2) similarly in that vein I’d recommend Cass Sunstein’s “Nudge” – which argues (I crap you not) that its libertarian to paternally manage everyone’s choices for them through “choice architecture.”
3) before he became the world’s greatest internets troll*, Krugman was a legitimate left-liberal economist. I recommend reading some of his old books. Also those of, say, Lester Thurow and/or Robert Kuttner are useful in this regard. Further regarding the interwebs, the site “Crooked Timber” is written by people who are apparently considered clever and insightful on the left; to that end you can make of this what you will. (Also keep in mind this true fact: by the standards of the left, libertarianism is racist). Note you’ll find that many of the reasons people oppose libertarianism is because they believe the progressive narrative of history: that governments aren’t violators of liberty; in every and all cases (except when a republican is in office and neglects things), government is our savior.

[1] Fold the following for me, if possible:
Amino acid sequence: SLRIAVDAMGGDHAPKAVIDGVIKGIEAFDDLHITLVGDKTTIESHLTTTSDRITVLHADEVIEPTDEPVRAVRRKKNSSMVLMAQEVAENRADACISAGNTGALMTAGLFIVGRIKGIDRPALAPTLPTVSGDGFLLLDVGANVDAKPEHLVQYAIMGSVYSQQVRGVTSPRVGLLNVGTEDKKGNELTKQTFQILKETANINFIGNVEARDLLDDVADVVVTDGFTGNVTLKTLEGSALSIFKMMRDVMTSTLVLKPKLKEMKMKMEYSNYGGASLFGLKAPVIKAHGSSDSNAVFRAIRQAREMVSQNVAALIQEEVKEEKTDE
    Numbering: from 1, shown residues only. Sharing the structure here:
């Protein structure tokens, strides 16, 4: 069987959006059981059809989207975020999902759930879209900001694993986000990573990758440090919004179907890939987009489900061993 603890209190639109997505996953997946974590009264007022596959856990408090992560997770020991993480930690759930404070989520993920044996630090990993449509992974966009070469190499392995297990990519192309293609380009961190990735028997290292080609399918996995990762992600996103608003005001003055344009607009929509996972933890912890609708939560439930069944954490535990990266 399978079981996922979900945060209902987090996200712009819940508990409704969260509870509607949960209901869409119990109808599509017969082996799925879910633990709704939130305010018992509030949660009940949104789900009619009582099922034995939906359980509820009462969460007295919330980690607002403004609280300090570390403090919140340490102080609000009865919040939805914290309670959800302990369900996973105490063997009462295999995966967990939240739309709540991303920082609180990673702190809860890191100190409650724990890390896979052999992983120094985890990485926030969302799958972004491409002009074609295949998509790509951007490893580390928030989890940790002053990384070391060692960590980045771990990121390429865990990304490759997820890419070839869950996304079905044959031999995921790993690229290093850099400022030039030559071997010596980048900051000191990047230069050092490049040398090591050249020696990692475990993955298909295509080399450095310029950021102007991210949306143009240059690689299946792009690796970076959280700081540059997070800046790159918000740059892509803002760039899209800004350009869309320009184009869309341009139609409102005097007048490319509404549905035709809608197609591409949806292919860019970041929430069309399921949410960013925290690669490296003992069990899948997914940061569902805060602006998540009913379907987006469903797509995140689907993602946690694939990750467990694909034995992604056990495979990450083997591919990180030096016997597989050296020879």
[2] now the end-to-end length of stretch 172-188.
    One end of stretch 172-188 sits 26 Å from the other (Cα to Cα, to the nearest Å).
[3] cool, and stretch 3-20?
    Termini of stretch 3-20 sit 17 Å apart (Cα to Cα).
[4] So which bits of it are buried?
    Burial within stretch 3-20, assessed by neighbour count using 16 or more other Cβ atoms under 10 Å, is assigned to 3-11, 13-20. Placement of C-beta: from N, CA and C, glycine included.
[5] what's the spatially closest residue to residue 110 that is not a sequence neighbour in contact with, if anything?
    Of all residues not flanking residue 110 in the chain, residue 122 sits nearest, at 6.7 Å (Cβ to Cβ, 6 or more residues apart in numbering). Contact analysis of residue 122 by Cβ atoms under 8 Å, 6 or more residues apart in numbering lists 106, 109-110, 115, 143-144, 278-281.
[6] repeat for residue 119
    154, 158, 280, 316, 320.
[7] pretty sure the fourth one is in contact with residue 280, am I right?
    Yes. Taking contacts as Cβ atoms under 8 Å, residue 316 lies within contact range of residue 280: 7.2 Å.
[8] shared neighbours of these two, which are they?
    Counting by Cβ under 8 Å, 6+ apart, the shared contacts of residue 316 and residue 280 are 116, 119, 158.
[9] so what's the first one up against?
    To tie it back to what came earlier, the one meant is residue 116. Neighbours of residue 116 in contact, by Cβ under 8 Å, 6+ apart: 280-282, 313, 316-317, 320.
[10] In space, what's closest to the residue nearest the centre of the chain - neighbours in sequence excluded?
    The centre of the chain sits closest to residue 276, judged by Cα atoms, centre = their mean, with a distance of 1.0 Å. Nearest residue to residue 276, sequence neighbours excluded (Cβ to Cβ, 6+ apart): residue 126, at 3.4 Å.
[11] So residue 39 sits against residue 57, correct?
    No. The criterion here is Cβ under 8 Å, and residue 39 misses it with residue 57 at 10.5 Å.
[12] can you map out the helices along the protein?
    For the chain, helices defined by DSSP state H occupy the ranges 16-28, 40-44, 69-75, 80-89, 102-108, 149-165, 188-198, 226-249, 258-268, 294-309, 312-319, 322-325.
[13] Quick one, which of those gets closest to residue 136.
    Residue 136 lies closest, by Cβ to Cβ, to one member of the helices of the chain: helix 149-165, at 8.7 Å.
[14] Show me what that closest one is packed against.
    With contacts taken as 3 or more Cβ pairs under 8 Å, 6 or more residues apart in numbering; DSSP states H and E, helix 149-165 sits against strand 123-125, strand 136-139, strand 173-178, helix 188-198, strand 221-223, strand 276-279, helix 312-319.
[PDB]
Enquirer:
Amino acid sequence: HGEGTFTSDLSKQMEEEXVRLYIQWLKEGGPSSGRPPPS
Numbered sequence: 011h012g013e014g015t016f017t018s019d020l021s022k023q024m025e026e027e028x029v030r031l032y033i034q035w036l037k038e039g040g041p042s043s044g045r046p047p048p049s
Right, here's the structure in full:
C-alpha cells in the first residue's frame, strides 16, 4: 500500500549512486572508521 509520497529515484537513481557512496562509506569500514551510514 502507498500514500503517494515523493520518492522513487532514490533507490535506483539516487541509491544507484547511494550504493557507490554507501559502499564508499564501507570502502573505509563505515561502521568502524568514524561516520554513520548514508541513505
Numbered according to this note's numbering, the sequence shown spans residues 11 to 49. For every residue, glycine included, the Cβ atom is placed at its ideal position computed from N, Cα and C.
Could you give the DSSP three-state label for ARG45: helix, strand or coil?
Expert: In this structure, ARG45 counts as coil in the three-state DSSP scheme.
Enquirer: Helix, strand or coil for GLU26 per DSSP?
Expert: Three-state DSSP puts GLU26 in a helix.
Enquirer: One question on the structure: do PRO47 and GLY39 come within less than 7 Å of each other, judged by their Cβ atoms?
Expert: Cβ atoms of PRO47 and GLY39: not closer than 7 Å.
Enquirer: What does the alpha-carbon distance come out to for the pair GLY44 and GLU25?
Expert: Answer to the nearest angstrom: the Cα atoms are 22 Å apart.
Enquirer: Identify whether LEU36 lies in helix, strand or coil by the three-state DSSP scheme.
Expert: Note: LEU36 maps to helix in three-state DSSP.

4) in the above I’ve basically assumed that those you’re arguing with are liberals, or accept liberal premises. However there are also conservative critiques, and even libertarian critiques. Much of the thoughtful of these have to do with the fact that classical liberalism contains within it the seeds of tendencies towards modern liberalism (some of these problems may not apply to anarcholibertarianism, but they definately apply to minarchical-libertarianism; which means I for one have a problem – see below); to that end I’d recommed the writings of Jim Kalb (some of which are in online articles, I recommend this, this and especially this, and some of the older ones here and he has a book “The Tyranny of Liberalism,” which is very good); Kalb attempts to explain why classical liberalism has tended to become modern statist-liberalism basically everywhere. I also recommend Ed Feser’s post – which will probably not convince an anarcho-libertarian but does explain. (I for one still have a lot of respect for Feser as a philosopher, but think he made an error/omisson – which I explained in another post – in his philosophy, which led him to reject even minarchy. Once that is corrected – and his fellow Aristotelian-Thomist, Oderberg, gets it right – then where he went wrong becomes clear, without tossing out the whole philosophy. But this just illustrates how even seemingly small errors can lead to great problems, when it comes to philosophy, as in logical proofs or mathmatical proofs).